And there’s the problem. The discussion about ludo-fundamentalism is also a discussion about form, but it is not necessarily about formalism. It should not need to conjure formalists from their own spaces and communities and rile them into battle against us. Except, it can’t help but do that because the idea of ludology as encompassing form is so entrenched that it becomes an obstacle to conversation. Not all discussions about form need to be about formalism, because form isn’t the sole domain of people who call themselves (or find themselves called by others) formalists.
Again, it pains me that I need to make this distinction. I don’t really want to be talking about formalism when I could be talking about ludo-fundamentalism. My use of ludo-fundamentalism as a term is precisely to avoid addressing this specific group of people or this specific realm of game design by talking about underlying values and ideology rather than social groups. Because I tire of finding myself constantly roped back into a frankly needless debate with people who are not actually interested in my body of critical writing or that of my similarly-minded peers.
As I said, last year was great for doing the kind of writing I want to do. It was progressive in a direction I want to see continued, for my own fulfilment and happiness. While a historic awareness can be beneficial, my exploration of concepts and ideas doesn’t have to be trapped by the limiting rhetoric set by people who are not interested in what I have to say. Or rather, I needn’t allow myself to be trapped by these. And oftentimes I do—I have to struggle to reject the idea of interactivity as a purely mechanical conceit; to reverse the brainwashing that says player agency is solely a facet of ludology; to conceive of meaning beyond systems of gameplay and feedback. I need to overcome these ideas so deeply entrenched in games culture they’re the cultural hegemony (and not only kept sealed within one corner of academic analysis) in order to simply express myself, because they are not how my ghost perceives the world.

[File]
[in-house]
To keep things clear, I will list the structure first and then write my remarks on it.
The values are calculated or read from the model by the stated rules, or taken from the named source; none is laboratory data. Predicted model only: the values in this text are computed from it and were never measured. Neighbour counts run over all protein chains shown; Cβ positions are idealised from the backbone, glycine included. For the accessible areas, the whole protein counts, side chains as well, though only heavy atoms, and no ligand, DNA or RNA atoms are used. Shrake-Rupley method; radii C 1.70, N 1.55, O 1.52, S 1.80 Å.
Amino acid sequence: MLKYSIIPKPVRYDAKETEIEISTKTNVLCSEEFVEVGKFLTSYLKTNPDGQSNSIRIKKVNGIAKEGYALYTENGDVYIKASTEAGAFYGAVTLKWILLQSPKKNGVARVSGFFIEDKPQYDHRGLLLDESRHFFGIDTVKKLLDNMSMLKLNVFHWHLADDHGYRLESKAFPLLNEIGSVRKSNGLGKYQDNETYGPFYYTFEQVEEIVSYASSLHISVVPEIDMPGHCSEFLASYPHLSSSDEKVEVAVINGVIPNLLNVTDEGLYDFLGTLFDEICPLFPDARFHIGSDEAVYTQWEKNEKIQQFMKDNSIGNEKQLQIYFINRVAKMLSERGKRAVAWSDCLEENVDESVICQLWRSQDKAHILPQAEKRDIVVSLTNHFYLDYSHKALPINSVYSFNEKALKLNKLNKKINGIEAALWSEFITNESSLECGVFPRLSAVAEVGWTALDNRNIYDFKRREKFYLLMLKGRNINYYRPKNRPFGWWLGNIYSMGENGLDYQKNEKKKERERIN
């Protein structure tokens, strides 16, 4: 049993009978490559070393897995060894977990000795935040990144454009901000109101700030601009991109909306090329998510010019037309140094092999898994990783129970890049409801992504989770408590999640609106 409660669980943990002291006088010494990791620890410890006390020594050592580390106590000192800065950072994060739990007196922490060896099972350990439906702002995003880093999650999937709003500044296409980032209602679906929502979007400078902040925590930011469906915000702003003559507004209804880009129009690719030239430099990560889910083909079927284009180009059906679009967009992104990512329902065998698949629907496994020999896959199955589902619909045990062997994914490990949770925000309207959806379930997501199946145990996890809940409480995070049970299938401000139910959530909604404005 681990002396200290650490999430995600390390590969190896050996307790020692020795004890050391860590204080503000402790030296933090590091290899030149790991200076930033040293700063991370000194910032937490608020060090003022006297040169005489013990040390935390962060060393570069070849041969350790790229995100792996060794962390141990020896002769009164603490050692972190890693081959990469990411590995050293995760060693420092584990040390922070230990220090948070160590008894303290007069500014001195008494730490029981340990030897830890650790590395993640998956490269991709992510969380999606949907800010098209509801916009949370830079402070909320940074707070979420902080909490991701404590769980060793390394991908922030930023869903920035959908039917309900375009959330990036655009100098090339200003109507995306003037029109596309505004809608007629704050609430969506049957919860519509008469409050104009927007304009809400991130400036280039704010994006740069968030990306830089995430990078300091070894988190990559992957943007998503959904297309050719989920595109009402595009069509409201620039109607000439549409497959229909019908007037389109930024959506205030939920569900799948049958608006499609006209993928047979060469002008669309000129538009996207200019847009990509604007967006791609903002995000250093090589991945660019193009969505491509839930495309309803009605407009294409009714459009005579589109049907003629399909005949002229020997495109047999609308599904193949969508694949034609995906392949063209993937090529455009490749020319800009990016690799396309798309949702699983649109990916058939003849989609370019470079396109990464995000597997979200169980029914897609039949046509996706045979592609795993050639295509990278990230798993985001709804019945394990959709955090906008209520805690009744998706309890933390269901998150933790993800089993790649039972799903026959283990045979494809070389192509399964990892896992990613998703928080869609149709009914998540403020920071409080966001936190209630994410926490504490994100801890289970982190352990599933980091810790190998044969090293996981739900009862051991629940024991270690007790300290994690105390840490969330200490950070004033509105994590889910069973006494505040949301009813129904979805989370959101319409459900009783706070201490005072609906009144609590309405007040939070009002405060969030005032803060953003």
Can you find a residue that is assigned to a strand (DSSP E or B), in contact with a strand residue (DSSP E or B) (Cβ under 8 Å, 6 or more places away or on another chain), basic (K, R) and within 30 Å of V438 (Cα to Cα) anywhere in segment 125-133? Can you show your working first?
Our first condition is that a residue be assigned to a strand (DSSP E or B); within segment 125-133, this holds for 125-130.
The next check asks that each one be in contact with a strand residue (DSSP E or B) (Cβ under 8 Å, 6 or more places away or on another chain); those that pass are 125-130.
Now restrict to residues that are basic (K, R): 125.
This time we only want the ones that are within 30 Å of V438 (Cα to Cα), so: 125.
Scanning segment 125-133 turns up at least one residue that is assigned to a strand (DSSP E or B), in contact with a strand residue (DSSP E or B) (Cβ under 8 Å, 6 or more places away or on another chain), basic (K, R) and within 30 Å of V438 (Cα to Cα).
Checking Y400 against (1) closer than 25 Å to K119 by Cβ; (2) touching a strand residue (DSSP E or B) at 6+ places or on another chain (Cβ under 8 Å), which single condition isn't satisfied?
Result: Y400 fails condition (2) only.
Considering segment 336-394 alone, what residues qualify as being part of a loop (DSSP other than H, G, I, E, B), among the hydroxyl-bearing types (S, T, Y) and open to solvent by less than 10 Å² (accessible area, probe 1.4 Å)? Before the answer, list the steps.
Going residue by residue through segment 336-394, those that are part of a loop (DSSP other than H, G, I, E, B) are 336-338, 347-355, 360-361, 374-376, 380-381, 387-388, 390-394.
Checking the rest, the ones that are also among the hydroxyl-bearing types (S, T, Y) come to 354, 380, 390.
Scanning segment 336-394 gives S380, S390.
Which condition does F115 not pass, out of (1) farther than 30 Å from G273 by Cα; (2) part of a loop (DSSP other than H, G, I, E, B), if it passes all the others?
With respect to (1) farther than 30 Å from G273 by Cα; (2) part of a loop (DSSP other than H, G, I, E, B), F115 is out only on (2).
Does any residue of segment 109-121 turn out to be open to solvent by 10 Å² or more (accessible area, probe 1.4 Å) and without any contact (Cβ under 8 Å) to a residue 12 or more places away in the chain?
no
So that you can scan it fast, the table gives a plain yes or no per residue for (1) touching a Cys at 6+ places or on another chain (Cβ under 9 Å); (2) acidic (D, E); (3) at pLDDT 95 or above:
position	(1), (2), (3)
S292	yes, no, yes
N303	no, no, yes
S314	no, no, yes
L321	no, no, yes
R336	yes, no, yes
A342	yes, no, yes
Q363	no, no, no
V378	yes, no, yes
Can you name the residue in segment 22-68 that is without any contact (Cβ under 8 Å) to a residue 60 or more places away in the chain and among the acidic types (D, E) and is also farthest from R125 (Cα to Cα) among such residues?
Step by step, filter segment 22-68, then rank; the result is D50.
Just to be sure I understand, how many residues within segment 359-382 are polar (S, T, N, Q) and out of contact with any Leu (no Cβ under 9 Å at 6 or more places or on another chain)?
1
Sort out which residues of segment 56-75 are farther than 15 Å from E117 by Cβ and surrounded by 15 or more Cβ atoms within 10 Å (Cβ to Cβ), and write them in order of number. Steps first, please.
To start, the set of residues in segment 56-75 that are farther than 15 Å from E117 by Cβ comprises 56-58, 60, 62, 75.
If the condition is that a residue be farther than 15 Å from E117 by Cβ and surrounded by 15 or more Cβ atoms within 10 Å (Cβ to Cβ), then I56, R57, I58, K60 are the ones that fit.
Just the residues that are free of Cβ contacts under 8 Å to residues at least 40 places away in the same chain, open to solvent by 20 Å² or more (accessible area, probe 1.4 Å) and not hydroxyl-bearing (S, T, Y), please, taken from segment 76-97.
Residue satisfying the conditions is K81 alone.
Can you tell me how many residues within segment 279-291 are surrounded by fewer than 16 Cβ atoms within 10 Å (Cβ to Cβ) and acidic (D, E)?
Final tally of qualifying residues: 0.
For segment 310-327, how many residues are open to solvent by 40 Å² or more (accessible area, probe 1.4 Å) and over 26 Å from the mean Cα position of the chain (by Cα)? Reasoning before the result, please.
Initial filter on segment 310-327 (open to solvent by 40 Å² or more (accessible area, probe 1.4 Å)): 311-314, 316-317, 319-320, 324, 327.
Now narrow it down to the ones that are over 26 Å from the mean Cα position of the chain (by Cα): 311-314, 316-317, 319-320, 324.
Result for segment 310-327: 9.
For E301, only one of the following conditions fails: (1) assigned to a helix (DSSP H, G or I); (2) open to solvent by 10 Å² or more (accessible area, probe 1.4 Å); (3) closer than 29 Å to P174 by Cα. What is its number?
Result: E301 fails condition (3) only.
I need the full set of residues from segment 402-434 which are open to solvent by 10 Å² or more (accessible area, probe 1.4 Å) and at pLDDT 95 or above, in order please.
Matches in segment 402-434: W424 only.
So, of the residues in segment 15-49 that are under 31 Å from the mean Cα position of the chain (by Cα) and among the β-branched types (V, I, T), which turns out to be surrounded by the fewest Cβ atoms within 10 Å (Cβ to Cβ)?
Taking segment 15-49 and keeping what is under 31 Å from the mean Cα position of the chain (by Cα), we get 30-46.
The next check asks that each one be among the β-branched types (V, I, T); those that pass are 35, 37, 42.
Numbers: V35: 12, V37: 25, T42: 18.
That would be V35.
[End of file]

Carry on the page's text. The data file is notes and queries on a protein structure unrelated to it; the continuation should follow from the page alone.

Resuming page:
If I remember correctly, this time last year, between powerful reflections on civility and anger from the activist-critic overlap community, there was a downpour of articles and blogposts by all sorts of game critics describing, in a comfortable sort of way, the methods they use to analyse games or their personal reasons for doing what they do. I secretly wanted to do my own of those myself but for some reason I never got around to it, so thoughts about why I write and how I critique gently haunted me for all of last year.
Rather than being a bad thing, it helped me keep sight of what I want to do, what I want to communicate to you, my reader. As I wrote in July, I consider my work in the same vein as folklore—transient and contributory to a larger culture of knowledge and beliefs. I don’t seek my ideas here to be set in stone. I want them to be useful for us to make sense of all this mess, to find something of value to move us forward.
 I hope the recent revival of the formalism debate has its own origin independent of the other conversation. I hope they’re not really connected. From what I’m seeing, though, its exact reappearance is something of a mystery, and it was likely borne from the momentum of this Storify.